Sunday, September 25, 2011

a bump in the road of mommyhood

I made myself a promise for this weekend.  I.will.resist.Target.  I love Target.  Well, it's a love-hate, really.  Like nearly everyone I know who frequents this delightful little establishment, I simply cannot make it out the door without over-spending by at least $50.  And that's on a good day.  (Sidebar: for those of you who have yet to experience the marvelous appeal of a SuperTarget, be warned.  Any hope you have of 'keeping on budget' dissolves at an even faster rate.  Think SuperWalmart, without the Walmart.  I know, I know...that fact alone intrigues you enough to Google Map the nearest location of this money-sucking gem of a store!)

So, while I *adore* Target, I really needed an intervention.  Weekends are such precious pockets of time, and now that the school year is underway, I am treasuring every blessed moment of them even more.  Why spend a 2-hour chunk of time torturing the kids (and testing my sanity) by dragging them from aisle to aisle?  Did I mention our SuperTarget recently underwent a renovation?  (So now I have *no* idea where anything is, thus adding a good 25-35 minutes to my recent trips--and therefore adding at least another $25-$35, plus an inevitable trip past the toys because I can never remember what is in the area adjacent to them and therefore feel compelled to cruise down each aisle, making sure I'm not 'missing out' on anything.  Yes.  I'm aware.  I have problems.)  It's a small bump in the road for the next few trips to Target, until I'm able to navigate the store with a little more ease.  But I'll face the bump with a positive attitude, despite the fact that I'm beyond frustrated while in the midst of my fourth or fifth pass across the entire length of the store all in search of dryer sheets and night light bulbs.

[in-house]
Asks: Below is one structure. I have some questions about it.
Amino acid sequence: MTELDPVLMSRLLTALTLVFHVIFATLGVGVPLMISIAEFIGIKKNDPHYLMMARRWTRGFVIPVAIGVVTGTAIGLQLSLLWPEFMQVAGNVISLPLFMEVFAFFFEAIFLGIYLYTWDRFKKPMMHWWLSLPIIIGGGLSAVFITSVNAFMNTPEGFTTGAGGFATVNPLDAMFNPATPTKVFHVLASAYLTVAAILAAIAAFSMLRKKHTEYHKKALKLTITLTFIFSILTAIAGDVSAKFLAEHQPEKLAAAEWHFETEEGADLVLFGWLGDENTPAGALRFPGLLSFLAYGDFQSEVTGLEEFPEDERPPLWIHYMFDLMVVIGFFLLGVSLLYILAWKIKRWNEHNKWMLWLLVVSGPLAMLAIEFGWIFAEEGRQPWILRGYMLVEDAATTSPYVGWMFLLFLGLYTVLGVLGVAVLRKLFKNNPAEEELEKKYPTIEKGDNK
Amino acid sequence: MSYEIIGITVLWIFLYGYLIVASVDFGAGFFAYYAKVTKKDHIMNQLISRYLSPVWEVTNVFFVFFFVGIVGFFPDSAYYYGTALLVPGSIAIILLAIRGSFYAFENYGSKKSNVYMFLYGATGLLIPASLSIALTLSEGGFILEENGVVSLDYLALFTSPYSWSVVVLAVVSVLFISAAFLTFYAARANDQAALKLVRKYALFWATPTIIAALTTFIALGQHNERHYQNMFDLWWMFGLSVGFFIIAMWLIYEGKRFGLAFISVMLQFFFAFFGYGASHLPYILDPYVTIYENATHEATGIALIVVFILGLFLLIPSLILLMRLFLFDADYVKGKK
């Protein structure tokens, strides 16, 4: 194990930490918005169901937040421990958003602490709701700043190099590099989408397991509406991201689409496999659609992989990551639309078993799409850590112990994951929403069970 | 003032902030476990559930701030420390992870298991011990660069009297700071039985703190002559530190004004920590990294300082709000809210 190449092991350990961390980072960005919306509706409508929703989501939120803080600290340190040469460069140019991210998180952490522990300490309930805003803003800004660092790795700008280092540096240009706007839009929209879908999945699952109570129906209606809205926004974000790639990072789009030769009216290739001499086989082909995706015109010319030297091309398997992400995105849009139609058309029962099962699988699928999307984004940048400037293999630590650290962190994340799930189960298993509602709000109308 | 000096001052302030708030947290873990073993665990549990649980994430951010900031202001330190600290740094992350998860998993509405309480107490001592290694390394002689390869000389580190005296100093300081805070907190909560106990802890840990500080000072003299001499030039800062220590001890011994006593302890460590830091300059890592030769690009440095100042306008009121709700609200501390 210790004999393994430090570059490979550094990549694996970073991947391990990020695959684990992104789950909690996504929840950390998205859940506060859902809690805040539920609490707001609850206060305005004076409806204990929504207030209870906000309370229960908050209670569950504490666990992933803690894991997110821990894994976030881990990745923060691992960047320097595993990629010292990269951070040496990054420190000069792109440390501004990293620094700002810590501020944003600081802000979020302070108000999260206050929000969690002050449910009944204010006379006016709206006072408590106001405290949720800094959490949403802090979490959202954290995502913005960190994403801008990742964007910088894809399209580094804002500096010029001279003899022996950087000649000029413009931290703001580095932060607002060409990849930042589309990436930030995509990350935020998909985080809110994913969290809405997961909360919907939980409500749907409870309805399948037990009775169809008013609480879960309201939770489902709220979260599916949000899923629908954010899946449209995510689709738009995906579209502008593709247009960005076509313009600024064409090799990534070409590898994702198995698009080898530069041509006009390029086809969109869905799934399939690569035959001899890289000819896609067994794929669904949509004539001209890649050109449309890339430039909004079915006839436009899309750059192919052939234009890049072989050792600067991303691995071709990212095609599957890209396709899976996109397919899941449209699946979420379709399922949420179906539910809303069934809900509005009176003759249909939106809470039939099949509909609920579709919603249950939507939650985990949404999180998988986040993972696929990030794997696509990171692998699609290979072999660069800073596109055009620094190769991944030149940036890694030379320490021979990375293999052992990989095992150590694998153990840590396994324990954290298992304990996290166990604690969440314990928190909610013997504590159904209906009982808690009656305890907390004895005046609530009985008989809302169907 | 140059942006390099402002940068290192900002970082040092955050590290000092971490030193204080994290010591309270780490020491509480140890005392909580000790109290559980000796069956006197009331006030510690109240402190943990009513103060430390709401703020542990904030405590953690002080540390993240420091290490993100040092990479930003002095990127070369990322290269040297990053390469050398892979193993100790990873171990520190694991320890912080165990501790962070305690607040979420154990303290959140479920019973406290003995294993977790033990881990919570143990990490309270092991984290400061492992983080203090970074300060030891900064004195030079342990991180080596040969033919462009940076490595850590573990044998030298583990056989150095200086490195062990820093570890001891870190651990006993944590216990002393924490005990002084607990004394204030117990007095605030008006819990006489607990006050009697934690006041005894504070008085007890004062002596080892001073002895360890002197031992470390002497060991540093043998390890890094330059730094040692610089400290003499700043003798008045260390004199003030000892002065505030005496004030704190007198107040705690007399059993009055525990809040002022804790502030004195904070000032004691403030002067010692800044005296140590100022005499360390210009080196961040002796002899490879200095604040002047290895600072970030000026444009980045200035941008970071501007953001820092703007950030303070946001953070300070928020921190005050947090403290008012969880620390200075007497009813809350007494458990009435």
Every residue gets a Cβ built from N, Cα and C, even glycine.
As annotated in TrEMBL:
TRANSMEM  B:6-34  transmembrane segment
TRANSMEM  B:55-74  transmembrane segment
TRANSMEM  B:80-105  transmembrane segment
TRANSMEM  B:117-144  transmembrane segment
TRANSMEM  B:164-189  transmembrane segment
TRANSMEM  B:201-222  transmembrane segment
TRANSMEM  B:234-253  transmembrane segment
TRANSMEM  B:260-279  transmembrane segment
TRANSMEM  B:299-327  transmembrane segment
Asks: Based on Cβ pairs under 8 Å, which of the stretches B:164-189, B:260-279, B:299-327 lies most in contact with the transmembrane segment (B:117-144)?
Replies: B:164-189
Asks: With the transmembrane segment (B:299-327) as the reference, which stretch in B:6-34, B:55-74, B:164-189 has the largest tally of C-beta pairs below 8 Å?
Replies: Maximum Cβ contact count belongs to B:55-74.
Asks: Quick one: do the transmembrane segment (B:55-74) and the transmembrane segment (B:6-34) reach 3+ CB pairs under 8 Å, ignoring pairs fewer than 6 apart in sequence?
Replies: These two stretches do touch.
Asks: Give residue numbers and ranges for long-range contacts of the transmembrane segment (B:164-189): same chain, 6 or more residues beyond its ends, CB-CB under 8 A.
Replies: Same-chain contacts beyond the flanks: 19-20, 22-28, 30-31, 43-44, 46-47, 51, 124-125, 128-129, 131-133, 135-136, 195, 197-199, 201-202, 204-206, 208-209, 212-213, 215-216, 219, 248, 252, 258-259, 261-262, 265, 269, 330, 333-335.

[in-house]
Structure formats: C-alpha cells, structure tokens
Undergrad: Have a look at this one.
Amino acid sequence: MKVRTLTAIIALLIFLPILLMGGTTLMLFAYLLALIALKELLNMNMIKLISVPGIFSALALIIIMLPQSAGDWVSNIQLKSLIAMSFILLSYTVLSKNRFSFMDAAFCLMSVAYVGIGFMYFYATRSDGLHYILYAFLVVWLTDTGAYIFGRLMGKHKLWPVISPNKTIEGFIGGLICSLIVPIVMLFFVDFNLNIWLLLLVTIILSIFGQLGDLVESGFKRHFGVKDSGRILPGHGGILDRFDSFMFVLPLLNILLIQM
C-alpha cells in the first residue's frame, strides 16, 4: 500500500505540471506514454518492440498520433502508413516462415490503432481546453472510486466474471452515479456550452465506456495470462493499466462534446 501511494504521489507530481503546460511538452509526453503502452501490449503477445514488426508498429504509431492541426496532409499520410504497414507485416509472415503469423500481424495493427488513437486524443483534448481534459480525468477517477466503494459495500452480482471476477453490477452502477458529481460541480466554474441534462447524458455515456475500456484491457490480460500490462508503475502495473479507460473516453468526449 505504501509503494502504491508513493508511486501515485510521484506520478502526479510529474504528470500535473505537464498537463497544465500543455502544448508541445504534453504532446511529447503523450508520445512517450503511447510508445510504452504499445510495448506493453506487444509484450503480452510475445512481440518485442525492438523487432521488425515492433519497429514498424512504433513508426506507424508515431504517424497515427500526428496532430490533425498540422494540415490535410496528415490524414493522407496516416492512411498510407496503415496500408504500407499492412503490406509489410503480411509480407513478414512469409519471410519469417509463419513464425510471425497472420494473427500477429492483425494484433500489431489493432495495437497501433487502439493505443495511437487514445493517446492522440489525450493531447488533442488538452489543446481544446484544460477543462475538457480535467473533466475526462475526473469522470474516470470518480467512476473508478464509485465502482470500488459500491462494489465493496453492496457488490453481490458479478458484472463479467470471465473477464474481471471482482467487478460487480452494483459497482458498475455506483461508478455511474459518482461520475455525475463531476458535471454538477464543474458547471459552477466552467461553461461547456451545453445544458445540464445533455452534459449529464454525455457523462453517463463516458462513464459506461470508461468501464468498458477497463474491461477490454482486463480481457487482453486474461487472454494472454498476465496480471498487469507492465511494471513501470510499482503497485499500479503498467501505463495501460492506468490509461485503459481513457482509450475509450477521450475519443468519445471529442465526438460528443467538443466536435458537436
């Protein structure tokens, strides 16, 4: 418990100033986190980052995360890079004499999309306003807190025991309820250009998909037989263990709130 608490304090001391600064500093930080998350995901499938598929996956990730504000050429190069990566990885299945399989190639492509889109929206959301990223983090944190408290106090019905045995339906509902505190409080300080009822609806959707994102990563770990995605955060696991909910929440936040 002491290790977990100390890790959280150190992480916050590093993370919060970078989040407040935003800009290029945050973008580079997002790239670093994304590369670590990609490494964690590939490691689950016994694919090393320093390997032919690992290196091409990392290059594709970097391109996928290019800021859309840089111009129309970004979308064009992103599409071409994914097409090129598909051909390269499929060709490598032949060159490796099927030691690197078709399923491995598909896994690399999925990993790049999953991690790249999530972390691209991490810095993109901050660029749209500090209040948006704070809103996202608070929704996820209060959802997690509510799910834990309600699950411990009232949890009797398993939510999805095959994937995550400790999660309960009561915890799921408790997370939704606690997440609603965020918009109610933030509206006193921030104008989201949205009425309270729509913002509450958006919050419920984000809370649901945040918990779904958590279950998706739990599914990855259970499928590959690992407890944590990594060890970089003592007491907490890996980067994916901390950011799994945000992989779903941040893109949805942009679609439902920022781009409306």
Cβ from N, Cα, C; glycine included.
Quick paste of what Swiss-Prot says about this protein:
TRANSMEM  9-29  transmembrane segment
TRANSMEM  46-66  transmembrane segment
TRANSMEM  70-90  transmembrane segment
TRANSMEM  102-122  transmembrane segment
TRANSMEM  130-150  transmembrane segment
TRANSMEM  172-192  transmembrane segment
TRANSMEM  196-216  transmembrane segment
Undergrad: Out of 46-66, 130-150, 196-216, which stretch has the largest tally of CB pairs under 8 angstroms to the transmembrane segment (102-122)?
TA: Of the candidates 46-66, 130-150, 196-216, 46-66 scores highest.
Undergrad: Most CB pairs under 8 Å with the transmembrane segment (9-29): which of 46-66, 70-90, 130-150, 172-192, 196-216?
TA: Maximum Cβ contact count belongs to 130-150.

This weekend, however, I have decided to take a trial separation from our weekly ritual of a Saturday trip to Target.  I know it will only be a brief separation, as I don't have the willpower at this time to call it quits completely.  But, in an effort to be a more efficient and effective momma, I've decided to cut down the number of trips I take into the 'bullseye of doom'.

The kids and I were on our own today, as daddy had a long day at work.  It started out in the usual 'lazy day Saturday' sort of way...Food Network and a small latte treat for mommy, mashed bananas and endless attention while rolling about on the floor for Raegan, playing and the occasional bicker for Gavin and Brynn.

Around 11:00, I decided we needed to 'tune out' of the digital/electronic world for a while.  TV, video game, and cell phone--off....outside, togetherness, and (of course) camera--on.  (Ok, I know.  My DSLR has the word digital in its name.  I made an exception for the purpose of capturing memories.)  So, off to the park we went...

lunch in the shade

posing...'s what these two do best's what Raegan does best!


little miss bright eyes

learning to smile for the camera at an early age
(good thing, since I love taking pictures more than I love Target!)

is it obvious my kids have their picture taken a lot?

always ready for a photo-op!

So...I managed to eliminate the 'usual Saturday trip to Target' from our routine for this week...and lived to tell the tale.  Lunch, the park, ice cream...all these things happen often in our household, don't get me wrong.  It's not as if I have recently *discovered* life outside of a store.  It's more like now that I'm back to the daily grind of 'working-out-of-the-house-mommy', I'm remembering the need to streamline errands, be thankful for online shopping, and live by a stringent-yet-flexible schedule (oxymoron, I know.  But, moms...back me up on this.  Routine is important, but flexibility is essential.  You never know what's coming down the pike when you're in the trenches of mommyhood.  Read on, and you'll see what I mean...)

A lunch-date at one of their favorite parks, an enormous ice cream cone, and no trips to Target (lovingly regarded as 'SuperBoring' by Gavin) to drain my energy, sanity, and bank account.  All in all, a great day.  I couldn't leave well enough alone, though.  Apparently, I was going for some sort of 'Super Mom' honorable mention award from the kids today as I suggested a stop in a local gift shop for a candy treat (not to eat right away--they did just have ice cream, afterall.  An after dinner treat was the intention, and the kids knew that going into the store).

Both kids chose small candy treats; Brynn, a few chocolate kisses, and Gavin, foil covered chocolate sports balls.  Gavin was excited to find footballs in the mix of treats, and plopped two of them on the counter.  Imagine his happiness as the clerk informed him that they were 3 for a quarter.  Faster than my bank account is emptied by a Target trip, Gavin was back at the basket, digging for another chocolate football.  He returned to the counter, triumphant, yet demure, and placed a third brown football on the counter.  With purchases made, candy in bag, bag in mommy's secure grip, we headed for the car.